SEC lunchtime links

January, 17, 2014
Jan 17
12:00
PM ET
The coaching revolving door continues to spin as a big recruiting weekend arrives across the country -- including the SEC. Let's take a quick spin around the league.

Alabama responds to a report involving a disassociated booster's display featuring supposedly game-used and autographed game apparel of current and former Crimson Tide football players.

A number of key prospects will visit Columbia for South Carolina's big recruiting weekend.

It's a big recruiting weekend at LSU, as well, with megaprospects Malachi Dupre and Lorenzo Carter among the Tigers' expected visitors.

What do you know? Alabama and Auburn will host some key targets this weekend, as well.

Every SEC program except Missouri and Georgia has had to replace more than 30 coaches since 2001, the year Gary Pinkel and Mark Richt took over those respective programs.

Georgia safety Josh Harvey-Clemons' suspension will stretch into the first three games of the 2014 season according to an Atlanta Journal-Constitution report.

Vanderbilt athletic director David Williams said Thursday night that the interview process is not complete as he searches for James Franklin's replacement as head football coach.

Coleman Hutzler is entrusted with improving Florida's uncharacteristically inconsistent special teams units.

Not surprisingly, Ole Miss and Mississippi State are loading up on in-state prospects in this recruiting class -- but this does not appear to be as deep a year for talent in the state as usual.

Chuck Carlton and Kevin Sherrington of the Dallas Morning News discuss whether the Houston Texans should take Texas A&M's Johnny Manziel with the No. 1 overall pick in the NFL draft.

Former Georgia defensive coordinator Todd Grantham told reporters Thursday that a chance to compete for championships weighed into his decision to leave the SEC for the same job at Louisville.

SEC lunchtime links

January, 16, 2014
Jan 16
12:00
PM ET
Lots of coaches are taking their talents to new locations these days. Let's take a look at what is happening around the SEC.

Final SEC Power Rankings

January, 15, 2014
Jan 15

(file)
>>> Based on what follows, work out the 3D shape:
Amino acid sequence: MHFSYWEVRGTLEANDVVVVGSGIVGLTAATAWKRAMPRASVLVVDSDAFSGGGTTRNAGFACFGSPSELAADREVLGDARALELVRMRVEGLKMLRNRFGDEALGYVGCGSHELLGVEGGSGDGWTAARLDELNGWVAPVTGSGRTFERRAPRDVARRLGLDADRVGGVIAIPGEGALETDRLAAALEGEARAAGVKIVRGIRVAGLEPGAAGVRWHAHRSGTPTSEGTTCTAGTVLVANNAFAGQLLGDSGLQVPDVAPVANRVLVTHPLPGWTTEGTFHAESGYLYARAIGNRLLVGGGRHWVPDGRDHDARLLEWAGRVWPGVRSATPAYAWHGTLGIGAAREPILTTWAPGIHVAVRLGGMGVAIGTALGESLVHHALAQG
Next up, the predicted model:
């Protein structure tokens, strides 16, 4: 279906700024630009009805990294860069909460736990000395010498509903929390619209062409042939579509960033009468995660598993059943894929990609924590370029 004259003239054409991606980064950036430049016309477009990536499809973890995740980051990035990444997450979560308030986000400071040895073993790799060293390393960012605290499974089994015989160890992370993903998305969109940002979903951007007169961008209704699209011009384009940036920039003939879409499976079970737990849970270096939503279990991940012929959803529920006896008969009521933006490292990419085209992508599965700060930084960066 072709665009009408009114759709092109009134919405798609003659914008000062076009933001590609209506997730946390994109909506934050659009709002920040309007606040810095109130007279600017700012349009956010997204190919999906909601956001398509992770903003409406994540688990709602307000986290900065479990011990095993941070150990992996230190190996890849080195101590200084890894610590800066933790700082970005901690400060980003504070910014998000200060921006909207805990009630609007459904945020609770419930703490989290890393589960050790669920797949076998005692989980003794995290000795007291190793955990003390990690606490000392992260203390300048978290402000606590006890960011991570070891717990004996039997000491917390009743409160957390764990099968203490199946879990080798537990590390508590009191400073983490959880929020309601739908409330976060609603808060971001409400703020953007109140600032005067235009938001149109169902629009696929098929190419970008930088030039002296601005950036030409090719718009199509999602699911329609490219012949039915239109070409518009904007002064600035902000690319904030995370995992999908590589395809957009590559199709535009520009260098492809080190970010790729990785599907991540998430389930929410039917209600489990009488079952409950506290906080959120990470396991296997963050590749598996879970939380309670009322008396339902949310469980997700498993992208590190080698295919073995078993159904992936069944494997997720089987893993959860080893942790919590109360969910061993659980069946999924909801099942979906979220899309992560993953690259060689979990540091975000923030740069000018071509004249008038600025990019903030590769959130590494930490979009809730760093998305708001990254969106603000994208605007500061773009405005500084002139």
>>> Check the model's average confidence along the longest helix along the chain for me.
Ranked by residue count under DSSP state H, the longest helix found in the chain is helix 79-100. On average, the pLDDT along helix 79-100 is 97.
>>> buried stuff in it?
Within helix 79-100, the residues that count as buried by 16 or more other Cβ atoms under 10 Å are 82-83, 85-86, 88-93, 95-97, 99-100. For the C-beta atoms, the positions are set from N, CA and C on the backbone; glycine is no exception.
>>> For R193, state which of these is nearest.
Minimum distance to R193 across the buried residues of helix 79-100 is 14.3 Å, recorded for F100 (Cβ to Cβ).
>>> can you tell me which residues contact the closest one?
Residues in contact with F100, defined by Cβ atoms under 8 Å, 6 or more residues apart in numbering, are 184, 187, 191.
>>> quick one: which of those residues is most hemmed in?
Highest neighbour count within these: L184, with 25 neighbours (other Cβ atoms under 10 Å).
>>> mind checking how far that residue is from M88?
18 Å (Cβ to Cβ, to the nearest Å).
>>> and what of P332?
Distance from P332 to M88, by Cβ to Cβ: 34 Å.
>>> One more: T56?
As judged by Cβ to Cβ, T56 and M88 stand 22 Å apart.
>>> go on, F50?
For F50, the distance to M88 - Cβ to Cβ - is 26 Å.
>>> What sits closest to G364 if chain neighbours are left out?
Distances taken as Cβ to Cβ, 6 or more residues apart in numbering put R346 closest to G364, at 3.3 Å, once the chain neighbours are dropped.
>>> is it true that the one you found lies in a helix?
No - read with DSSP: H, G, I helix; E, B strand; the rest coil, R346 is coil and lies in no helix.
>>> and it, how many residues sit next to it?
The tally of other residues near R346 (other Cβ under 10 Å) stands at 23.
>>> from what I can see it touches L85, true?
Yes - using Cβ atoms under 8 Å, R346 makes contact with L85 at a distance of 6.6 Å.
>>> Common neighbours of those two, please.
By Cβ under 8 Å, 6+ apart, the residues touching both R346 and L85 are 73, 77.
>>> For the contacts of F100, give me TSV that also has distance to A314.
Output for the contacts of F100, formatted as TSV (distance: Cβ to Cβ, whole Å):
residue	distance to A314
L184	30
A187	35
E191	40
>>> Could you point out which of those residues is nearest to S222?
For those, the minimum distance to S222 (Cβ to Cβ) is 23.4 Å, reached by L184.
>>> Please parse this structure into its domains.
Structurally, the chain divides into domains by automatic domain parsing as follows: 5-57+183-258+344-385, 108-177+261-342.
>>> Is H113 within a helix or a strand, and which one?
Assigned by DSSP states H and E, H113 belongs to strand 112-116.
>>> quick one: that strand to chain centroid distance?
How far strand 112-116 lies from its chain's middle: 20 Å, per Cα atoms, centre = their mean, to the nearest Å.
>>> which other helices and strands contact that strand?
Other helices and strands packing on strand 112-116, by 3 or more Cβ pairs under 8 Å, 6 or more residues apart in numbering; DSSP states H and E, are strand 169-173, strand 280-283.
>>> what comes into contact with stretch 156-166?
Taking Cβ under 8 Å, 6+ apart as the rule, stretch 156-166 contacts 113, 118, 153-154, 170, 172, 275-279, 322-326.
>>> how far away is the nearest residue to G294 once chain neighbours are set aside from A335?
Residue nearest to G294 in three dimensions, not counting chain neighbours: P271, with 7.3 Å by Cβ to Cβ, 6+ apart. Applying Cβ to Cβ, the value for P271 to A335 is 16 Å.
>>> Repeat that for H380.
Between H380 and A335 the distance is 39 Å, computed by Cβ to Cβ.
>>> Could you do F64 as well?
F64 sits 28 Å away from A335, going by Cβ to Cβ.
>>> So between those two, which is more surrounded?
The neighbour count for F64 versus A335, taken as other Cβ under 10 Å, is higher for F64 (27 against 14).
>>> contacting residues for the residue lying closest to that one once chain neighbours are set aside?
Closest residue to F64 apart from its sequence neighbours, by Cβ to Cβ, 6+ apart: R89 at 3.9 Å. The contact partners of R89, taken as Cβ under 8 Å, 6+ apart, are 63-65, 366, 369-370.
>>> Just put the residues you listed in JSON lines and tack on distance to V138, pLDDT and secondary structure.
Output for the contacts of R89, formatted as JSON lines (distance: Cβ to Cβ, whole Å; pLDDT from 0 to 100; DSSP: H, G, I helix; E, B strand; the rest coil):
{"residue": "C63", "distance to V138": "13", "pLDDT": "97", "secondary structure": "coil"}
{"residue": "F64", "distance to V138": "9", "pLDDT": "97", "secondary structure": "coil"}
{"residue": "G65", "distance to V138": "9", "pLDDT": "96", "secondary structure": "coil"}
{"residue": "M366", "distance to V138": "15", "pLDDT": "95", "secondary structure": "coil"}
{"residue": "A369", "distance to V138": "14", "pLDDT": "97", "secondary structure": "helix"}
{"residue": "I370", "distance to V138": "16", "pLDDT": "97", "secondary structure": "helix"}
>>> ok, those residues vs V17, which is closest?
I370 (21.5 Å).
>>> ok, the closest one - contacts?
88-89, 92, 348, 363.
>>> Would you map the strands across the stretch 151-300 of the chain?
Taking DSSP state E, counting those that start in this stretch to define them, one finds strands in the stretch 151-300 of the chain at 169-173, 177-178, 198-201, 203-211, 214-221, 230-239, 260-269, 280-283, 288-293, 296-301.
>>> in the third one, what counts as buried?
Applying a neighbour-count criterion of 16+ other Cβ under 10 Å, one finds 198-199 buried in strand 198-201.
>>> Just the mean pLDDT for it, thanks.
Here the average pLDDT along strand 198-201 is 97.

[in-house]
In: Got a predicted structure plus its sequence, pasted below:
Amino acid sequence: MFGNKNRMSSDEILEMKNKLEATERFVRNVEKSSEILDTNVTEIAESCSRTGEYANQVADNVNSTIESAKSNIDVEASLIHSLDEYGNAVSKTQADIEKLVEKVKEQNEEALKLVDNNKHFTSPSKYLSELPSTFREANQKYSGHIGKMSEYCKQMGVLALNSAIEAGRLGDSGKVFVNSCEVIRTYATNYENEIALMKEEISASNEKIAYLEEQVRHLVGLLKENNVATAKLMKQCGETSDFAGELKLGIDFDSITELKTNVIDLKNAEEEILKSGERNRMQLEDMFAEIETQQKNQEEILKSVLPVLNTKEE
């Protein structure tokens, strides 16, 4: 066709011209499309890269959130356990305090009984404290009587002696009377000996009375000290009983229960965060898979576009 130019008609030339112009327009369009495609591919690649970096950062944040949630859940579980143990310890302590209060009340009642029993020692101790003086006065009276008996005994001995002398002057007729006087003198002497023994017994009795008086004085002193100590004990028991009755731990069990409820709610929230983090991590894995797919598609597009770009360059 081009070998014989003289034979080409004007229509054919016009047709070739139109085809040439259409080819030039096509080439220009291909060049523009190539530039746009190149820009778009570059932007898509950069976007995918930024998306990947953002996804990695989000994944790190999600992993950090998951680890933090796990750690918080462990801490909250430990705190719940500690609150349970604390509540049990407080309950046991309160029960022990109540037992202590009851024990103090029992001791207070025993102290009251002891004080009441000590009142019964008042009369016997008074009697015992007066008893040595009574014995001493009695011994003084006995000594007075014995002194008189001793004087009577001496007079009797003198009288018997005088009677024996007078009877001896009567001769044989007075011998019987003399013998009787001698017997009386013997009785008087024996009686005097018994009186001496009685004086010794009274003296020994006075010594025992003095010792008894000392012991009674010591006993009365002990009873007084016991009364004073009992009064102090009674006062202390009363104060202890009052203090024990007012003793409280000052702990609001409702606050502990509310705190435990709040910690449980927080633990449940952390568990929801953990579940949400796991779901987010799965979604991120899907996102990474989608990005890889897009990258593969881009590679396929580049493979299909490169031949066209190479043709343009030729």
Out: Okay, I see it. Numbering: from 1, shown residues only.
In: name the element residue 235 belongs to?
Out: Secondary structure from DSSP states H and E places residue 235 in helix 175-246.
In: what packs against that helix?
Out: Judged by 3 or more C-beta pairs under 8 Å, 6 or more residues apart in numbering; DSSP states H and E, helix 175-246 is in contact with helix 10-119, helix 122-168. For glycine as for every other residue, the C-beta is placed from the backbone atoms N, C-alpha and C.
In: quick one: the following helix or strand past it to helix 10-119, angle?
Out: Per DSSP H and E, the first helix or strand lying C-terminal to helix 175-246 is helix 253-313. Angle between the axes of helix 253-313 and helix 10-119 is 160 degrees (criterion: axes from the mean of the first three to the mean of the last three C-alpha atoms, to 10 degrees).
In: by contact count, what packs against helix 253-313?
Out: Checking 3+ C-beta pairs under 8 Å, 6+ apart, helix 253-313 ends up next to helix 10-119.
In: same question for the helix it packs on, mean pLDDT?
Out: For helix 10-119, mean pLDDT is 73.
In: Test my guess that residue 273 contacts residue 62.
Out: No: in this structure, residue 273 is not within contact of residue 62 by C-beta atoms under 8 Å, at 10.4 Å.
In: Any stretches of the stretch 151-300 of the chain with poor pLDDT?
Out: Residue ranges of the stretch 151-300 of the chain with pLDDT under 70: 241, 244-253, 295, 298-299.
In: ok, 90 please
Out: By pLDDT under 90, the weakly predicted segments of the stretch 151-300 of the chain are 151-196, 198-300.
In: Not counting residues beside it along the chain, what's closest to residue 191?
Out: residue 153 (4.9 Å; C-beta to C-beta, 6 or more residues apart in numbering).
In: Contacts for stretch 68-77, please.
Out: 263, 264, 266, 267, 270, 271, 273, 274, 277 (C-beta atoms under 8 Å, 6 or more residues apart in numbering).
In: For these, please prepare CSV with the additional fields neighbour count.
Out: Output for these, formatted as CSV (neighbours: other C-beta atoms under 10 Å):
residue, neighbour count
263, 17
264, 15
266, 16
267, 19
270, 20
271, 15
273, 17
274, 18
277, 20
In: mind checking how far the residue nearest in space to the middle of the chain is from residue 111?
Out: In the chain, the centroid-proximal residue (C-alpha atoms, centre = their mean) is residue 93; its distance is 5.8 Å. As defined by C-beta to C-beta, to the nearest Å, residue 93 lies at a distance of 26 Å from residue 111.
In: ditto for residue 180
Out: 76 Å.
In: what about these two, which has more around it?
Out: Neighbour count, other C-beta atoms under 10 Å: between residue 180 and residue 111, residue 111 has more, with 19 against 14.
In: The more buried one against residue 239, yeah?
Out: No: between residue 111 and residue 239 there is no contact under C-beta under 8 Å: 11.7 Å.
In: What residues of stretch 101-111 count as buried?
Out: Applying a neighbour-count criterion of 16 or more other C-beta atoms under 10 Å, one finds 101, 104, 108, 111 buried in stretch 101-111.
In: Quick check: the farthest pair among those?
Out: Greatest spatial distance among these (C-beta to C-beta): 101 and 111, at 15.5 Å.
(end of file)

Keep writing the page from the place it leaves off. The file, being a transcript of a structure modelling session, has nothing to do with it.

1:00
PM ET
We're done with the 2013 college football season, so it's time to see how all 14 SEC teams finished the year in our final set of conference power rankings. It was a collaborative effort on our side, and we think it jibes pretty well:

1. Auburn (12-2, 7-1 SEC; last ranking: 1): The Tigers lost a heartbreaker to Florida State in the Vizio BCS National Championship, but they did exactly what Gus Malzahn predicted: make the biggest turnaround in college football. Auburn had the nation's best running game behind Heisman Trophy finalist Tre Mason and a championship attitude that grew all season. The future looks very bright on the Plains.

2. South Carolina (11-2, 6-2 SEC; LR: 3): With a 10-point victory over Wisconsin in the Capital One Bowl, South Carolina became only the fourth team in the country to win at least 11 games in each of the past two seasons. The Gamecocks made a fun, end-of-the-year run at Atlanta but fell short with a loss to Tennessee and an equally as fun Missouri run.

3. Missouri (12-2, 7-1 SEC; LR: 4): These Tigers also had a magical 2013. After rebounding from a five-win 2012 season, Mizzou won the SEC East Division, displayed one of the conference's best, most explosive offenses and ended the season with a back-and-forth victory over Oklahoma State in the AT&T Cotton Bowl. Gary Pinkel went from the hot seat to beloved by erasing an ugly SEC debut with a stellar encore.

4. Alabama (11-2, 7-1 SEC; LR: 2): The Crimson Tide's SEC and BCS title game chances ended on a miraculous "Kick Six" by Auburn's Chris Davis in the Iron Bowl. With no national championship at stake for the first time since 2010, Alabama failed to match Oklahoma's toughness and intensity in its 45-31 Allstate Sugar Bowl loss. Despite another impressive regular season, the Tide's chance to make a case as the nation's best team ended inside the Mercedes-Benz Superdome.

5. LSU (10-3, 5-3; LR: 5): We never really knew what we were going to get from these Tigers (so many Tigers!), but after their loss to Alabama on Nov. 9, they closed the season on a tear with three straight wins. Even without starting quarterback Zach Mettenberger (ACL) for their bowl game, the Tigers grinded out a 21-14 Outback Bowl win over Iowa on the back of running back Jeremy Hill and his 216 yards and two touchdowns.